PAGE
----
But we see that even in species like elephants, we can look at the effects of human-mediated selection and evolution. So in this case, with African elephants, almost all African elephants have tusks. So all males have tusks. The vast majority of females also have tusks. But there’s a small proportion of females that are naturally born without their tusks, and they never grow them.
But in regions where there has been intense hunting for ivory, we’ve seen an increase in the frequency of tuskless females in those populations. So in Gorongosa National Park, during the Mozambican civil war, which happened between the late ’70s and early ’90s, there was large-scale hunting of all of the large mammals, and the elephants specifically were being hunted for their ivory.
Before the Mozambican civil war, about 18% of the females in the Park were tuskless. Which is already a pretty high number versus what we see in other parts of the range. Then, after the war, half of the surviving females were tuskless. This seems to be, again, due to a selection response. If you’re living in an environment where individuals are being disproportionately killed because they have tusks, not having those tusks gives you a selective advantage. You’re more likely to survive, reproduce, and then pass on those genes for tusklessness to the next generation.
The oldest elephants in the Park, those are the elephants that actually lived through the civil war. They’re still around. And then, amongst their offspring, we still see an increase in the frequency of tusklessness amongst their daughters. About 33% of their daughters are still tuskless. Which is still significantly higher than what we saw before the war, even though those offspring themselves, they never experienced the war at all.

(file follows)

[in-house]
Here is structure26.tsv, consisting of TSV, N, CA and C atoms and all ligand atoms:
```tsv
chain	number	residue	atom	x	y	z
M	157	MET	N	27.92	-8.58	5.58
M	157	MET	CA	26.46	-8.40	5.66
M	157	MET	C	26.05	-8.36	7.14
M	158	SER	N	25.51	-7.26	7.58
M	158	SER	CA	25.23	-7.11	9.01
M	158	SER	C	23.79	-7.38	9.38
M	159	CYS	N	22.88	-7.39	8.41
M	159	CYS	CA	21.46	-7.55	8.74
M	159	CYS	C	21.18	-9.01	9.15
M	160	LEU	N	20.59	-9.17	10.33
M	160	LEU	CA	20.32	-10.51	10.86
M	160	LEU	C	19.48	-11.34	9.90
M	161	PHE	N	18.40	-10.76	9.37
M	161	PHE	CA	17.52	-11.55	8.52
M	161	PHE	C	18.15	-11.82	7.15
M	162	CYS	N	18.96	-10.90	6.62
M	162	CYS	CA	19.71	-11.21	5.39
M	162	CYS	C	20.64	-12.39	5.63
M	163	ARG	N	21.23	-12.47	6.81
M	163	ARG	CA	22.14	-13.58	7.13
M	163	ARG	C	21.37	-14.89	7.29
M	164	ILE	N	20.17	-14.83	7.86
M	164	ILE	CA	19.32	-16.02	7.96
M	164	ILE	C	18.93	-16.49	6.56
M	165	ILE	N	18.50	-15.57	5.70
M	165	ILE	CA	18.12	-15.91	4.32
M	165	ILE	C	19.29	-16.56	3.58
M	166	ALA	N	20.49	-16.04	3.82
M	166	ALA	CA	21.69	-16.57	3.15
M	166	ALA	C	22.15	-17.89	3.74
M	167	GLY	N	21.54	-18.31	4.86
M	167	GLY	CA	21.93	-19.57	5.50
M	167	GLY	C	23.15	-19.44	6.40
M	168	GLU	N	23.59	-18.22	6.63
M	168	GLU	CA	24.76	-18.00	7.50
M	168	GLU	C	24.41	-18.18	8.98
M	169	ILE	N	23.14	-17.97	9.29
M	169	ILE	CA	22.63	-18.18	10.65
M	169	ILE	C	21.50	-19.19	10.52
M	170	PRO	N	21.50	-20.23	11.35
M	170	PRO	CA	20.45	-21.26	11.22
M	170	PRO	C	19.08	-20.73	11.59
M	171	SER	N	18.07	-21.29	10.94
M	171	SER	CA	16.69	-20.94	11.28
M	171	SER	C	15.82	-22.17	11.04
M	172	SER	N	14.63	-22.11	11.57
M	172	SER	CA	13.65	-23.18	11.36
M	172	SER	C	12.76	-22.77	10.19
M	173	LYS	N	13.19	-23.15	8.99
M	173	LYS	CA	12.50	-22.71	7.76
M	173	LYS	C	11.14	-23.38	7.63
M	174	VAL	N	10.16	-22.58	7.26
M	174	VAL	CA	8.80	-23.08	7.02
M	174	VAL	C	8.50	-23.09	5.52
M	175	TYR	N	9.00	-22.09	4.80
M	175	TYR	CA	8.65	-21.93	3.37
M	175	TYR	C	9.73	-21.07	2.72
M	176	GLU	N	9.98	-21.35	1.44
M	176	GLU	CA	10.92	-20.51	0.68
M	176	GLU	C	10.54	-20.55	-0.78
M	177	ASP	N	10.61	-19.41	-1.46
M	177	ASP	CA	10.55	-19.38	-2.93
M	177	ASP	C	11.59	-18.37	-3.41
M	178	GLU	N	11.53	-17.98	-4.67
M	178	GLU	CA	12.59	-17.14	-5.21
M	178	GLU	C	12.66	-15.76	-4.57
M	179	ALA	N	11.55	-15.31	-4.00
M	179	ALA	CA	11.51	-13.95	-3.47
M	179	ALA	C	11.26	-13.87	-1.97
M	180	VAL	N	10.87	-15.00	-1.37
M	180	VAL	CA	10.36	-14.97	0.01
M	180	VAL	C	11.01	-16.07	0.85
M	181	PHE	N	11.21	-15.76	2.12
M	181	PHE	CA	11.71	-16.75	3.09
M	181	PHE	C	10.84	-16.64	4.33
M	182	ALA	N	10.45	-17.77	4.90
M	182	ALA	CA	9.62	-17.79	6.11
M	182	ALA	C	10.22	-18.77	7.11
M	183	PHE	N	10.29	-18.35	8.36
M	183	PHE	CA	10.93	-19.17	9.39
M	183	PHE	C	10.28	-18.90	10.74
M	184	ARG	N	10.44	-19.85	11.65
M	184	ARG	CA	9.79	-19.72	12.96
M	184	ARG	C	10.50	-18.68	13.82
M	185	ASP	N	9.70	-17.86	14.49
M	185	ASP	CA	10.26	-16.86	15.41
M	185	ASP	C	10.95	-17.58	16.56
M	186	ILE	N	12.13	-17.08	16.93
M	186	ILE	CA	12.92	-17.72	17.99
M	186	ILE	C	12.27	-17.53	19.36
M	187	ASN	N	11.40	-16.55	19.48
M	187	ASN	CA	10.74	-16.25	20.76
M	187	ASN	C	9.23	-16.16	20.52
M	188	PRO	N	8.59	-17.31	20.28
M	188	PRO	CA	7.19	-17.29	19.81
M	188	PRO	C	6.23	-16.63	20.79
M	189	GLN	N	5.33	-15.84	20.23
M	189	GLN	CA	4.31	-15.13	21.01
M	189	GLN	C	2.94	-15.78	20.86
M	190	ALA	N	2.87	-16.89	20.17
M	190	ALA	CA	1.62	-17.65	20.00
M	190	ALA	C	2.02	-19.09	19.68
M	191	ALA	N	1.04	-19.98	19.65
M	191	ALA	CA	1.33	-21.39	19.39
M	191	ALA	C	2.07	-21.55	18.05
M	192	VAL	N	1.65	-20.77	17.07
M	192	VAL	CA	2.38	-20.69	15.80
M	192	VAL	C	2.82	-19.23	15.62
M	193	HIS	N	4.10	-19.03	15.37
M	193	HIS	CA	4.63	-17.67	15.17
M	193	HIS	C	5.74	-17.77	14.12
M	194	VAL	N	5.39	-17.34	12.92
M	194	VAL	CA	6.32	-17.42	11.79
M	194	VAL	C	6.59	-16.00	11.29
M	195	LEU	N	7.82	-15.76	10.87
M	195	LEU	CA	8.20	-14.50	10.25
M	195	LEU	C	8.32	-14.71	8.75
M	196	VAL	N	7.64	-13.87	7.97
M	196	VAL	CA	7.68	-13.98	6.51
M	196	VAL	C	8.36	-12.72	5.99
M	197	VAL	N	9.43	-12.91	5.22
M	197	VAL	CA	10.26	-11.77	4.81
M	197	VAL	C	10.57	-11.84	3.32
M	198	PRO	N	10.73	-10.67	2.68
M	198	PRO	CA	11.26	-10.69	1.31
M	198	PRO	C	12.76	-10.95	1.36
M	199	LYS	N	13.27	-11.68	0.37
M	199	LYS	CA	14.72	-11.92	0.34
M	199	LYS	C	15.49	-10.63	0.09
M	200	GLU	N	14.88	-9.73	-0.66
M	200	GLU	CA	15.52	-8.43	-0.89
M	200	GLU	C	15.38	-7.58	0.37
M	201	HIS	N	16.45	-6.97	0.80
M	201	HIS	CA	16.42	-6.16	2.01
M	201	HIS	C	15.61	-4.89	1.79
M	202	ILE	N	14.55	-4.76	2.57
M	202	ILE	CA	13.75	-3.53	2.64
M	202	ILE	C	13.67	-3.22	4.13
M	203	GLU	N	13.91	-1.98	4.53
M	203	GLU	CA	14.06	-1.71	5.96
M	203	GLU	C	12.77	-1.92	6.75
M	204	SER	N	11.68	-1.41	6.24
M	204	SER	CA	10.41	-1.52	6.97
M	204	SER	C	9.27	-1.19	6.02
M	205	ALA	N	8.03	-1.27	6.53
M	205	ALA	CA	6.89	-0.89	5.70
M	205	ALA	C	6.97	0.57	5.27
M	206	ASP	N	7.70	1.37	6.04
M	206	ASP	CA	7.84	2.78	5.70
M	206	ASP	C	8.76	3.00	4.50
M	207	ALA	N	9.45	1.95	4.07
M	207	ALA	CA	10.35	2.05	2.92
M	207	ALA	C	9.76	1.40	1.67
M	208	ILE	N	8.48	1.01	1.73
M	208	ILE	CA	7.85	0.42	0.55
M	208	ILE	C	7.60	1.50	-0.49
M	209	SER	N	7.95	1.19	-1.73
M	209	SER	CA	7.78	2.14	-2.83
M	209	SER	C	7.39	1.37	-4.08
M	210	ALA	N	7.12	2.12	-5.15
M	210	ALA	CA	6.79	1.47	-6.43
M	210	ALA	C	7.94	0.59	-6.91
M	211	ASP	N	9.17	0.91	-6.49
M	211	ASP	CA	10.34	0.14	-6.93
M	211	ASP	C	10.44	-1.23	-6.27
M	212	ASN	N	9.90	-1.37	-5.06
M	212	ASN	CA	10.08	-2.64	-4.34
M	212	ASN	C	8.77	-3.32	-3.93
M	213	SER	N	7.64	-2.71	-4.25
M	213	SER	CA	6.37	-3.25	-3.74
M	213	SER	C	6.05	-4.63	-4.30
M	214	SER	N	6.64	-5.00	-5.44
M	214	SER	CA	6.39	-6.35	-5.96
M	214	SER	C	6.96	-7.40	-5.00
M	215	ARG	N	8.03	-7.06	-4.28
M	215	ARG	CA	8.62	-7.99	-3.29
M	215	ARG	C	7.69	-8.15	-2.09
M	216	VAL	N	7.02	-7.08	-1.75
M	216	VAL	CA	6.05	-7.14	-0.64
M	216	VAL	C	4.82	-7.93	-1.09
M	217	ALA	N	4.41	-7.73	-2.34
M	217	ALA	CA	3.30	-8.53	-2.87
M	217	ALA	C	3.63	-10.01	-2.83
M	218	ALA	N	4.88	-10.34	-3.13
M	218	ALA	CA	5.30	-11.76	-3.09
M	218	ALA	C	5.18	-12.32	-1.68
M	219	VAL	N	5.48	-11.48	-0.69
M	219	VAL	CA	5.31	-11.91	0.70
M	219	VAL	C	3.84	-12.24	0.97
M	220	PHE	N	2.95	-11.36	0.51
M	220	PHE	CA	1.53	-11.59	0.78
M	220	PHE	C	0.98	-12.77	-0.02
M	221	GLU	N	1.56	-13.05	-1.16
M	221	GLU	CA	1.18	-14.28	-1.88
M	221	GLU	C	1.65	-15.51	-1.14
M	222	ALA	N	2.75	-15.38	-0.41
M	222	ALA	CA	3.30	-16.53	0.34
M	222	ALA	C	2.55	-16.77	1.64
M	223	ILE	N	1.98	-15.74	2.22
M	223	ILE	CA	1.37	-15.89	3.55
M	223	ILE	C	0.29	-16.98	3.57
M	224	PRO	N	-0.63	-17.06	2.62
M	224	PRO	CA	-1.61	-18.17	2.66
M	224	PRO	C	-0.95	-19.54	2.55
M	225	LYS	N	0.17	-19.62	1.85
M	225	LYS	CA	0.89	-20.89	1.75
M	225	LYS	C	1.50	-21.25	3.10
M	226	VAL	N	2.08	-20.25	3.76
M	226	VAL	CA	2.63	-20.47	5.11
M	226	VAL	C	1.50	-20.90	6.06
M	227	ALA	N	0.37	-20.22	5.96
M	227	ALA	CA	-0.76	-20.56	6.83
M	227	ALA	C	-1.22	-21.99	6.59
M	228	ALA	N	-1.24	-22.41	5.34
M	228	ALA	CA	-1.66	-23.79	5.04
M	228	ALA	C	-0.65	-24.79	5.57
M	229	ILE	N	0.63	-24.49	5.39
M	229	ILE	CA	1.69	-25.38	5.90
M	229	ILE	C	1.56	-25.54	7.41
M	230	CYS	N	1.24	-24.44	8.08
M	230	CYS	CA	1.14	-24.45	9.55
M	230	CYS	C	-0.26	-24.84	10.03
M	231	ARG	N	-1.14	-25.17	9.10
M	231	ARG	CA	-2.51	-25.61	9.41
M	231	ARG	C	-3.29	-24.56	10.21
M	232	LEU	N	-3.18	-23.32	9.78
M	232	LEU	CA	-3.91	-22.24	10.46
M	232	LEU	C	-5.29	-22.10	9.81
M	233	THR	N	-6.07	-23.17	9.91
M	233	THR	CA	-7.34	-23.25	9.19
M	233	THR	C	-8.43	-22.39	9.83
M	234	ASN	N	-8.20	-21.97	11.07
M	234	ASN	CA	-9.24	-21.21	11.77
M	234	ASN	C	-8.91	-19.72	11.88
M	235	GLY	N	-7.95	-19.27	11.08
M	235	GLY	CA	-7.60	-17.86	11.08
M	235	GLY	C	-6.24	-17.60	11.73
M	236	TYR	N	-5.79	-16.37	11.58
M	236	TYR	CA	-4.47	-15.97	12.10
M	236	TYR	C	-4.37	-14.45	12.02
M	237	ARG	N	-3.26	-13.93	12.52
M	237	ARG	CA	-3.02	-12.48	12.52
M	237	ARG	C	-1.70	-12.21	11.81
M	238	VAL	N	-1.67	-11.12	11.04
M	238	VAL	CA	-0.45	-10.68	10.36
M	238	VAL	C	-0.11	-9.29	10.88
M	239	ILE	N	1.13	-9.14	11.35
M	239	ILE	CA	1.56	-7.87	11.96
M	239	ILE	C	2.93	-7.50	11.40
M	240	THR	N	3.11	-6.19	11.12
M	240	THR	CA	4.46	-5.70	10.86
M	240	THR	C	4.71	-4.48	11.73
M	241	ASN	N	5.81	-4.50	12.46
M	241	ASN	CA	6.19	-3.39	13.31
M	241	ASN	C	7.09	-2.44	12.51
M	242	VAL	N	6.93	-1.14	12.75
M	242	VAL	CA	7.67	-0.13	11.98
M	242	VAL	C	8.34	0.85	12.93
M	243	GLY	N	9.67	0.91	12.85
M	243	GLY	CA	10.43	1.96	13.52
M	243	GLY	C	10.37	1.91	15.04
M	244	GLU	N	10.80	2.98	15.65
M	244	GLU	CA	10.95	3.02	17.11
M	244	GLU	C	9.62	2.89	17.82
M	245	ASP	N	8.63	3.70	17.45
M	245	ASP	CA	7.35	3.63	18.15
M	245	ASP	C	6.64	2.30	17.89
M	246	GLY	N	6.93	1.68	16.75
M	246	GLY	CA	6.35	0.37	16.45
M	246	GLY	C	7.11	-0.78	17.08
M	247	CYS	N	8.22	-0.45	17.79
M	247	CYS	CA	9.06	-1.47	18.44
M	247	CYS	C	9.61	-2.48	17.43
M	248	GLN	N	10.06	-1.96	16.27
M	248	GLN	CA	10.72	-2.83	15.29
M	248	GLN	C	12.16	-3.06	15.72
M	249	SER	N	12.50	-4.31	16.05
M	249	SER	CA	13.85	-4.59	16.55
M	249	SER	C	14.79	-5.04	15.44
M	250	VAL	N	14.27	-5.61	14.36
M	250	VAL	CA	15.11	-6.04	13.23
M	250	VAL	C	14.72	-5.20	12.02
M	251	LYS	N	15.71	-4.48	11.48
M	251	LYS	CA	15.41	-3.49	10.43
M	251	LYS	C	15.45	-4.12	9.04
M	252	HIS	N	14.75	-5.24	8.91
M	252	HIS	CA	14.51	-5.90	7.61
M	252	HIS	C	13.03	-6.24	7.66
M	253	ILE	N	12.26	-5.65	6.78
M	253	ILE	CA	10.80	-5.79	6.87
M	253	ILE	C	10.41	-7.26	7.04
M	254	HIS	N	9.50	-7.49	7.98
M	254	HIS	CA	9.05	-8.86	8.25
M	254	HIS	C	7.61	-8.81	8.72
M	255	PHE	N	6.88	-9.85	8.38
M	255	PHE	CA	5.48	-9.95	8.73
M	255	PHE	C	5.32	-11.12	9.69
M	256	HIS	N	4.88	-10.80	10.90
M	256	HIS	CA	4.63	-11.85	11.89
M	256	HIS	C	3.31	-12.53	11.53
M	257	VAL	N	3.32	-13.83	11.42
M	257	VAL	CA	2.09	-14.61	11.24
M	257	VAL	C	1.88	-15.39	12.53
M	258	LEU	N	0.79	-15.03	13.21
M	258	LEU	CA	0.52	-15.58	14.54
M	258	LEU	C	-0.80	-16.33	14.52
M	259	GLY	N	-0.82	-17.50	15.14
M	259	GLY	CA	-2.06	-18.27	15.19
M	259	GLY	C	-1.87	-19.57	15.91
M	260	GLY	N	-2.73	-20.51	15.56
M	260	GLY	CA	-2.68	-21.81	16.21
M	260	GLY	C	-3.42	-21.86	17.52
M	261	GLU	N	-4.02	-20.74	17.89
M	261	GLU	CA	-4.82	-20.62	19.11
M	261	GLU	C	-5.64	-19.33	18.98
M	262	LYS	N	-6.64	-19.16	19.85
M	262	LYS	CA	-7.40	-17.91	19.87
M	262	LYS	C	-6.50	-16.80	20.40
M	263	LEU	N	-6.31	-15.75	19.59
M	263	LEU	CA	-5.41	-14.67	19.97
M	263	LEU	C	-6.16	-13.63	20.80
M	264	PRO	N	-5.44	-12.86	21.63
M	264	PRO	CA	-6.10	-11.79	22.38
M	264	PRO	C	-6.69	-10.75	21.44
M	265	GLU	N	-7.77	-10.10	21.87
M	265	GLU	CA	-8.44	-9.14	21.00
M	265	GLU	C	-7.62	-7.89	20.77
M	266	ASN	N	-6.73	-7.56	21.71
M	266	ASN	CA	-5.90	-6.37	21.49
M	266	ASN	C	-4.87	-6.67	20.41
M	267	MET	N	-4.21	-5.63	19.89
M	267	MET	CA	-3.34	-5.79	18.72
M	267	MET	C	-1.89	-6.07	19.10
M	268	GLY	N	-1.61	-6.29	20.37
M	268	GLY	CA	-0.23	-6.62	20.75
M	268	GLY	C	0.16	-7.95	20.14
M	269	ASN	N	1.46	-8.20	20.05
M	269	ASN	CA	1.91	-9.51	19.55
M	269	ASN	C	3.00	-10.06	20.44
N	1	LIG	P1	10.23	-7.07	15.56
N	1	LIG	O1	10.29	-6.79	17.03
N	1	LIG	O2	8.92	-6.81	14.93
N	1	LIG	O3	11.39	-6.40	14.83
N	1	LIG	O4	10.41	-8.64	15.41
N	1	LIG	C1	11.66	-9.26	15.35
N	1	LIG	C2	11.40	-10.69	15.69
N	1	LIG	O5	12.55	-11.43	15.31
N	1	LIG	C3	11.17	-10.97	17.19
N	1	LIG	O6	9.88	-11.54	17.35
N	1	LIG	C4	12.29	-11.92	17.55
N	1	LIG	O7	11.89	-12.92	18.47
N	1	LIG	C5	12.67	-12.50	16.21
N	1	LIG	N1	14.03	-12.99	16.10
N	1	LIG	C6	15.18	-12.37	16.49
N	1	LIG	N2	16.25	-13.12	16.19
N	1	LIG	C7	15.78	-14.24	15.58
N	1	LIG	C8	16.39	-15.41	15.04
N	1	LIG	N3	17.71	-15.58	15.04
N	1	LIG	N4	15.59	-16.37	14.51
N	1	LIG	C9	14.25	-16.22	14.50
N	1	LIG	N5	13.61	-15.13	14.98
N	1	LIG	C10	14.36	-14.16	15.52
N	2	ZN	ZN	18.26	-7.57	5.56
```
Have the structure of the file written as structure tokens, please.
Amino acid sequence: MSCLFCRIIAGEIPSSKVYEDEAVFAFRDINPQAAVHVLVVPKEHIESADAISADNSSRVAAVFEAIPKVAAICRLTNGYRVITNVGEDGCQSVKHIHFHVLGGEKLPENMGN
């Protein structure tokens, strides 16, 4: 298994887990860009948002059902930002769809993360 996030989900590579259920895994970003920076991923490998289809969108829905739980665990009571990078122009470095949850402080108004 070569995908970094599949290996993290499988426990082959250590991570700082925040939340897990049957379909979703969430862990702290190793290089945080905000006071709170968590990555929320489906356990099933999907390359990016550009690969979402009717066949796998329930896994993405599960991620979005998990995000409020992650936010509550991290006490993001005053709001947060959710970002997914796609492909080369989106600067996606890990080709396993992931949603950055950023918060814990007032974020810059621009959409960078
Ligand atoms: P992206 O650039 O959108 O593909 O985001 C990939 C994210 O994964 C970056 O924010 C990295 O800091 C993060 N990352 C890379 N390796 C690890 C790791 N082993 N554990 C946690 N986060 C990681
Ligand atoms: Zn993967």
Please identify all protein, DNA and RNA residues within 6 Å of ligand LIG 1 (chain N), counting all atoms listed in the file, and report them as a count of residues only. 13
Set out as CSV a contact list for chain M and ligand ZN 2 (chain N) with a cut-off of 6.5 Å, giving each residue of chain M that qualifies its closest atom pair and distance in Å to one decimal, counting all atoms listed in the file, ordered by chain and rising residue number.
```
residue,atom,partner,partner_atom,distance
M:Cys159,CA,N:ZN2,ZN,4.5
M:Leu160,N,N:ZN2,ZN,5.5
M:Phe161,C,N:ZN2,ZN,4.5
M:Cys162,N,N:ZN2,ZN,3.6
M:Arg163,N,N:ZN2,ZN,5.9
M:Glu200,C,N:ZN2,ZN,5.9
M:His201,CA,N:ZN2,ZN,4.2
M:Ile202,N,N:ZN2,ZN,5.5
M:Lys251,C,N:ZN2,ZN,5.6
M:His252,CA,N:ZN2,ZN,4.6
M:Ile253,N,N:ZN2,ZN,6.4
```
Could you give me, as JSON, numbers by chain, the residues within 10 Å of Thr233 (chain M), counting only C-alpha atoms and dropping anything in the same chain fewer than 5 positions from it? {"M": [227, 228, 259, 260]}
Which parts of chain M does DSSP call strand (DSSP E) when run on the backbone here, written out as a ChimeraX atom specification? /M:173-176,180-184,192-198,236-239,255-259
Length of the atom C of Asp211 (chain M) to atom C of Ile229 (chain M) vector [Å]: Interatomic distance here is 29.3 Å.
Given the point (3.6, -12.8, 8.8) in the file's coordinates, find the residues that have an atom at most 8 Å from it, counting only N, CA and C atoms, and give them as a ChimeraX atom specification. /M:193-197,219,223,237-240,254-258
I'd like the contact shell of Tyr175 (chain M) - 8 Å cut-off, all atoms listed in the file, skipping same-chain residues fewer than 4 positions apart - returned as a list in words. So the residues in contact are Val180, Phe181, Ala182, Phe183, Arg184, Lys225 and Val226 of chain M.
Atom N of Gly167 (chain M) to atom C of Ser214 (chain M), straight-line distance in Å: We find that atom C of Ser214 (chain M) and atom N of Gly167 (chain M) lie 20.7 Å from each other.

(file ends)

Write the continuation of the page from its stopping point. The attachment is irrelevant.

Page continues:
IRA FLATOW: And that didn’t take very long. You’re talking about a 15-year Mozambique civil war. Did it happen in one generation?
SHANE CAMPBELL-STATON: Yes, exactly. It happened in a single generation. So when we talk about evolution, most people know evolution by natural selection. But natural selection plays out within a generation. It can happen almost instantaneously. As long as there’s some event that disproportionately favors some individuals over others, then that selection can play out in the course of days or months– in extreme cases, maybe even hours. But it’s not until those survivors have offspring, until they pass those genes on to the next generation, that you actually get evolutionary response to selection. And that is evolution by way of natural selection.
IRA FLATOW: Would that mean that for you to see this change or for the elephants to really exhibit this tusklessness that there would have to be many, many elephants killed who had the tusks for the other ones to survive?
SHANE CAMPBELL-STATON: Yes. So in a lot of these stories, I think we have a tendency to see them as success stories. And they are, in a way, in terms of the resilience of life. But selection always comes at a cost. And that cost is death. So the stronger a selection pressure is, the more individuals have to die in order to get a response to that selection pressure.